For Memory As A Political Act photographer Betsy Weis curated a series of forty photographs taken in nature and projected them on muslin hanging on the back wall of the gallery space at Russell Janis. Timed eight seconds apart, the viewer experiences the images' quiet sequential manner. The installation video can be viewed below:
Memory as a Political Act
Weather is an essential element in the mostly black and white images in this series about nature. The sequence begins with a chilly and wintry December, then turns to a deeply frozen snowy season. Next, the memory of summer emerges as a mirror of the coldest darkest days to remind us of the warm nostalgic comfort from the past. Eventually uncertainty prevails – how cold is it, how does the weather feel, and, what can we expect in the future?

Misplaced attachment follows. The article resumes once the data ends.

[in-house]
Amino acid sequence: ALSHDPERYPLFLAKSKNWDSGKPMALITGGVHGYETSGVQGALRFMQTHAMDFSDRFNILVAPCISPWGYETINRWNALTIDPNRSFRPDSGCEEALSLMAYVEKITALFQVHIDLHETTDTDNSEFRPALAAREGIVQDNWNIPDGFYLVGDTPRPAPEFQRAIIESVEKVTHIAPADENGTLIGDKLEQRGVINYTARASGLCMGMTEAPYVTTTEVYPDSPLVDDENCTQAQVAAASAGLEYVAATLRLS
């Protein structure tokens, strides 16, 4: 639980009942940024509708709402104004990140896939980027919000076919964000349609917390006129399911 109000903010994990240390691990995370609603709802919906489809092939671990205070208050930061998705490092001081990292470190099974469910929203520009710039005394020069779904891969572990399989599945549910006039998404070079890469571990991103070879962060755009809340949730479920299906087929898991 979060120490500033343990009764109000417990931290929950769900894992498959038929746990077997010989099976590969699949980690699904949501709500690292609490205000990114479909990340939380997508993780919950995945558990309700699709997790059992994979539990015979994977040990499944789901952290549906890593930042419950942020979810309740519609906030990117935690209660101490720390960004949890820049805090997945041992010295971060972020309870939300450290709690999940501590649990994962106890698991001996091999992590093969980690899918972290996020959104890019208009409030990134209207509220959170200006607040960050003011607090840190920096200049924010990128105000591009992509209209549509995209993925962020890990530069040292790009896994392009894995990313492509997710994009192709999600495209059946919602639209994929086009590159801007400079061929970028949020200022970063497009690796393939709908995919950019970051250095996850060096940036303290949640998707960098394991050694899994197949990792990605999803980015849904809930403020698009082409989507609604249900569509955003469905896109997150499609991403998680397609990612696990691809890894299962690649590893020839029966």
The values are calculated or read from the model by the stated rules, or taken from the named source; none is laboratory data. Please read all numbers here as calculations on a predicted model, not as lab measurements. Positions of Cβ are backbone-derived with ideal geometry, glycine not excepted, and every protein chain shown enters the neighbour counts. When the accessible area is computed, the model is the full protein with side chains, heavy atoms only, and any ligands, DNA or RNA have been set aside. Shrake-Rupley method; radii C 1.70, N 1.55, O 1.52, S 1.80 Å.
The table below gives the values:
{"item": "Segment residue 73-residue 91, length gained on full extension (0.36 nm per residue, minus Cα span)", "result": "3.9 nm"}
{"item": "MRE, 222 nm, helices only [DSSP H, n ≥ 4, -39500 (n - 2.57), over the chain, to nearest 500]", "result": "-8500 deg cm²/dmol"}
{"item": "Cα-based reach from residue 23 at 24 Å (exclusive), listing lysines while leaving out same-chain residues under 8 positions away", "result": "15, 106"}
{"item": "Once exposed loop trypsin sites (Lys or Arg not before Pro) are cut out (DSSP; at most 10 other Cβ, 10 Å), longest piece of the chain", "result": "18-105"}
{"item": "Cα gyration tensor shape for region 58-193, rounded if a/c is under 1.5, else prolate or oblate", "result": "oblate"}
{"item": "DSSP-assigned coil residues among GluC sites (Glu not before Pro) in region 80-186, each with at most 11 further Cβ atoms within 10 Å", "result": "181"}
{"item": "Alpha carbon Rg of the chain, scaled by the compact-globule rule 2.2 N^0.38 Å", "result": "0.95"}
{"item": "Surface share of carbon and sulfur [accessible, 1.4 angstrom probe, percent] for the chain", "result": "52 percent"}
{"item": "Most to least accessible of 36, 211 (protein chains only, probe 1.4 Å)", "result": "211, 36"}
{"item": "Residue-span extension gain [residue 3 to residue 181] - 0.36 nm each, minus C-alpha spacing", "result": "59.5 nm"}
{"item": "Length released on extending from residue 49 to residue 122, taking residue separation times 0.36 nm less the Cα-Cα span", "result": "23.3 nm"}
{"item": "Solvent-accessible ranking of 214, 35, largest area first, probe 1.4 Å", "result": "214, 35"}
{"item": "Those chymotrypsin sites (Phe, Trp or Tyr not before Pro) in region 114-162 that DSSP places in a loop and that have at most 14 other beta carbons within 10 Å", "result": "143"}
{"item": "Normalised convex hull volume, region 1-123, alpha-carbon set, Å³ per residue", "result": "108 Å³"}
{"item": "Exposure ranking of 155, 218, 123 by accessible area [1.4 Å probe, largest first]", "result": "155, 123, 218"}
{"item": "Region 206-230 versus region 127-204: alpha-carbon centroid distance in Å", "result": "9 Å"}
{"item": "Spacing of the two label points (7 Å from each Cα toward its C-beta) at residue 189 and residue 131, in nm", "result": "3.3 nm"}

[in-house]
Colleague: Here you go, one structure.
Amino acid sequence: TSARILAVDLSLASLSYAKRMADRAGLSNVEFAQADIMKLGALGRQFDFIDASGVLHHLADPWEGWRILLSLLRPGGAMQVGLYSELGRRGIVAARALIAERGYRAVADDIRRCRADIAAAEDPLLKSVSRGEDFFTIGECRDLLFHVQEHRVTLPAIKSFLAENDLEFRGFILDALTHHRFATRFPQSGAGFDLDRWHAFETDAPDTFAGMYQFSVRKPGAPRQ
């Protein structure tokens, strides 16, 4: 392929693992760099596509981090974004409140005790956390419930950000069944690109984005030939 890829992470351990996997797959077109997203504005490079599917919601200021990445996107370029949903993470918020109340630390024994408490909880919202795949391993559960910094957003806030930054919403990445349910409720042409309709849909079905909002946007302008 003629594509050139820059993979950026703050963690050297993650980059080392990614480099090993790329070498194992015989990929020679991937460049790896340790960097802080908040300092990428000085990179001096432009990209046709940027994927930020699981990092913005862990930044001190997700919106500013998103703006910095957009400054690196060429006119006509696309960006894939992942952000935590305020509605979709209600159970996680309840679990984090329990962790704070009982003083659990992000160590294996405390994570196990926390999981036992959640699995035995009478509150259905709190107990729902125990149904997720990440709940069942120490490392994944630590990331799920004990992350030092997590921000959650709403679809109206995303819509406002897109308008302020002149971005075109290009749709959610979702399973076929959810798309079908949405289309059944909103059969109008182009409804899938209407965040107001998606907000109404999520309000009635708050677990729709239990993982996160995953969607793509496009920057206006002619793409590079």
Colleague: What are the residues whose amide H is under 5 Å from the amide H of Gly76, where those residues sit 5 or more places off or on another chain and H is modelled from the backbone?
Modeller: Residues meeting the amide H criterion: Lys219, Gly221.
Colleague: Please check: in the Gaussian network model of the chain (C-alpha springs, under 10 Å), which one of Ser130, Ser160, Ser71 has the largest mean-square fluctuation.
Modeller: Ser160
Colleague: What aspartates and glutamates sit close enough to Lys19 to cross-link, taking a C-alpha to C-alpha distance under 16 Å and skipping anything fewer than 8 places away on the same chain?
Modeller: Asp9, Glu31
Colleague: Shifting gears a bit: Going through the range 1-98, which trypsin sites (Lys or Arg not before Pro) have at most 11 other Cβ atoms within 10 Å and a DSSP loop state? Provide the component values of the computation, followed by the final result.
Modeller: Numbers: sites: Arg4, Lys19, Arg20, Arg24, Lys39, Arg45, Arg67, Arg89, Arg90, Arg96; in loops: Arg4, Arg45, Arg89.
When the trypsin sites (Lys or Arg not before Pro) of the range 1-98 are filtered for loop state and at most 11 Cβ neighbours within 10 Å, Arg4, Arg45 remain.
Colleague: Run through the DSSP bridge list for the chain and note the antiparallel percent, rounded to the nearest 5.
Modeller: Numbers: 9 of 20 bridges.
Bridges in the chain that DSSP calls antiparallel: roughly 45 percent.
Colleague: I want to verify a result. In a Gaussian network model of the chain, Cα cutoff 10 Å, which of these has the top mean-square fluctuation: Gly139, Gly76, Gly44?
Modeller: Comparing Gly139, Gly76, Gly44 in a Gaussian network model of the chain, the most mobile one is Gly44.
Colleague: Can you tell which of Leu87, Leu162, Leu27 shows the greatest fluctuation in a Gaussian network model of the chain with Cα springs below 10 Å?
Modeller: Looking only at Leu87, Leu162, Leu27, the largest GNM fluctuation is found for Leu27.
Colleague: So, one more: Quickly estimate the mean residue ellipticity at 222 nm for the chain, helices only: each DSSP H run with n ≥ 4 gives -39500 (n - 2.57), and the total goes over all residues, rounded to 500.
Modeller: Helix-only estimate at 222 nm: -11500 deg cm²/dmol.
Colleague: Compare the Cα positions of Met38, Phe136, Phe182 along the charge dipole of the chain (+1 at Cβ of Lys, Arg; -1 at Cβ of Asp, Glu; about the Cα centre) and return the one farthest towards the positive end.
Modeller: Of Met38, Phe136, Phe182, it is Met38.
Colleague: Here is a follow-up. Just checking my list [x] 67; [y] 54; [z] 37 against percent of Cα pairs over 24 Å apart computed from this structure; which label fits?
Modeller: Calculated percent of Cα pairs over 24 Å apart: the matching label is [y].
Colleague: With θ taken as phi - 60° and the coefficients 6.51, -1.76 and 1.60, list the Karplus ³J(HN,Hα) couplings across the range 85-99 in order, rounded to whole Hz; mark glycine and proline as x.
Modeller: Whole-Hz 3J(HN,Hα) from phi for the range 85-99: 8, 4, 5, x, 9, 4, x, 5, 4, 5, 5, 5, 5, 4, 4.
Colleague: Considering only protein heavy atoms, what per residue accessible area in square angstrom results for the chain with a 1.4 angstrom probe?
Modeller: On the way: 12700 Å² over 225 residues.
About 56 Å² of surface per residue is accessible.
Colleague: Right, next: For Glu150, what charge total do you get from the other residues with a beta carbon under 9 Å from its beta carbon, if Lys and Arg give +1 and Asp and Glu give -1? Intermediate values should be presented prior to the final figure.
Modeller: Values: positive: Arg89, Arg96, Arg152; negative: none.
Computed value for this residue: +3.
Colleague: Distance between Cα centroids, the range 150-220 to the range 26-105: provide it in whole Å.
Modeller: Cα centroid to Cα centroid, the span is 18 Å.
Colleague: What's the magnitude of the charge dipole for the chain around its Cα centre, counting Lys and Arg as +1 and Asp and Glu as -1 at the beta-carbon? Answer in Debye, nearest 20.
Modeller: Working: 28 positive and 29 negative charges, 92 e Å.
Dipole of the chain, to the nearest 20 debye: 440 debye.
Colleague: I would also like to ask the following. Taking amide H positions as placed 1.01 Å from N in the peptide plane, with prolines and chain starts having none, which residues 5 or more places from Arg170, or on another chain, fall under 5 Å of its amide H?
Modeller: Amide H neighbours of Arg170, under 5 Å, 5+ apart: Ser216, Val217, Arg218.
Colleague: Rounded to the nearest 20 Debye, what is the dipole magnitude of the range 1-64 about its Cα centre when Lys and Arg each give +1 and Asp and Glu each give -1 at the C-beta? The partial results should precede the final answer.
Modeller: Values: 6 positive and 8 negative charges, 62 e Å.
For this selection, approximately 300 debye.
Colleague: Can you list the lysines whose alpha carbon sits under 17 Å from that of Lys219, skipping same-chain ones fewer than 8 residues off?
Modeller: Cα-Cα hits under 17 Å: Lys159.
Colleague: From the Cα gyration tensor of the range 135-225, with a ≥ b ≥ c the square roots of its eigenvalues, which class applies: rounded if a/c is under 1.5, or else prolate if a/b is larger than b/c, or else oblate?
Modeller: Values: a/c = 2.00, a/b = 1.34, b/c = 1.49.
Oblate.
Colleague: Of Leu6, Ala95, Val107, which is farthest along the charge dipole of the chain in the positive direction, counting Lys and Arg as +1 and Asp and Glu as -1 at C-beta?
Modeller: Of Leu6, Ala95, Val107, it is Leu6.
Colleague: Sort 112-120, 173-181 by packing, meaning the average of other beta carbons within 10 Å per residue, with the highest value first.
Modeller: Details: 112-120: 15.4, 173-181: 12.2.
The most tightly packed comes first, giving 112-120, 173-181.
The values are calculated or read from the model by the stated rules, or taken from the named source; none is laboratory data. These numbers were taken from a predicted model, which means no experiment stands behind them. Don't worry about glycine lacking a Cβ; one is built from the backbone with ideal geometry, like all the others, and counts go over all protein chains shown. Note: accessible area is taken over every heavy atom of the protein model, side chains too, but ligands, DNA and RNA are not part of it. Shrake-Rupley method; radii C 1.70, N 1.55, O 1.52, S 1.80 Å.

This installation stands as a confrontation between our future memories and the current acceptance of the risky challenge of attempting to maintain and perpetuate an imperiled status quo.
Nature never stays still; its elements have been evolving at a glacial pace for eons. But now, the transition seems to be quickening. Soon we will be asking: how do we remember what the world looked like?
We may realize that what’s missing is the point, only the memory of what was may be what’s left. Meanwhile, there’s so much to look at besides what’s really going on.
- Betsy Weis
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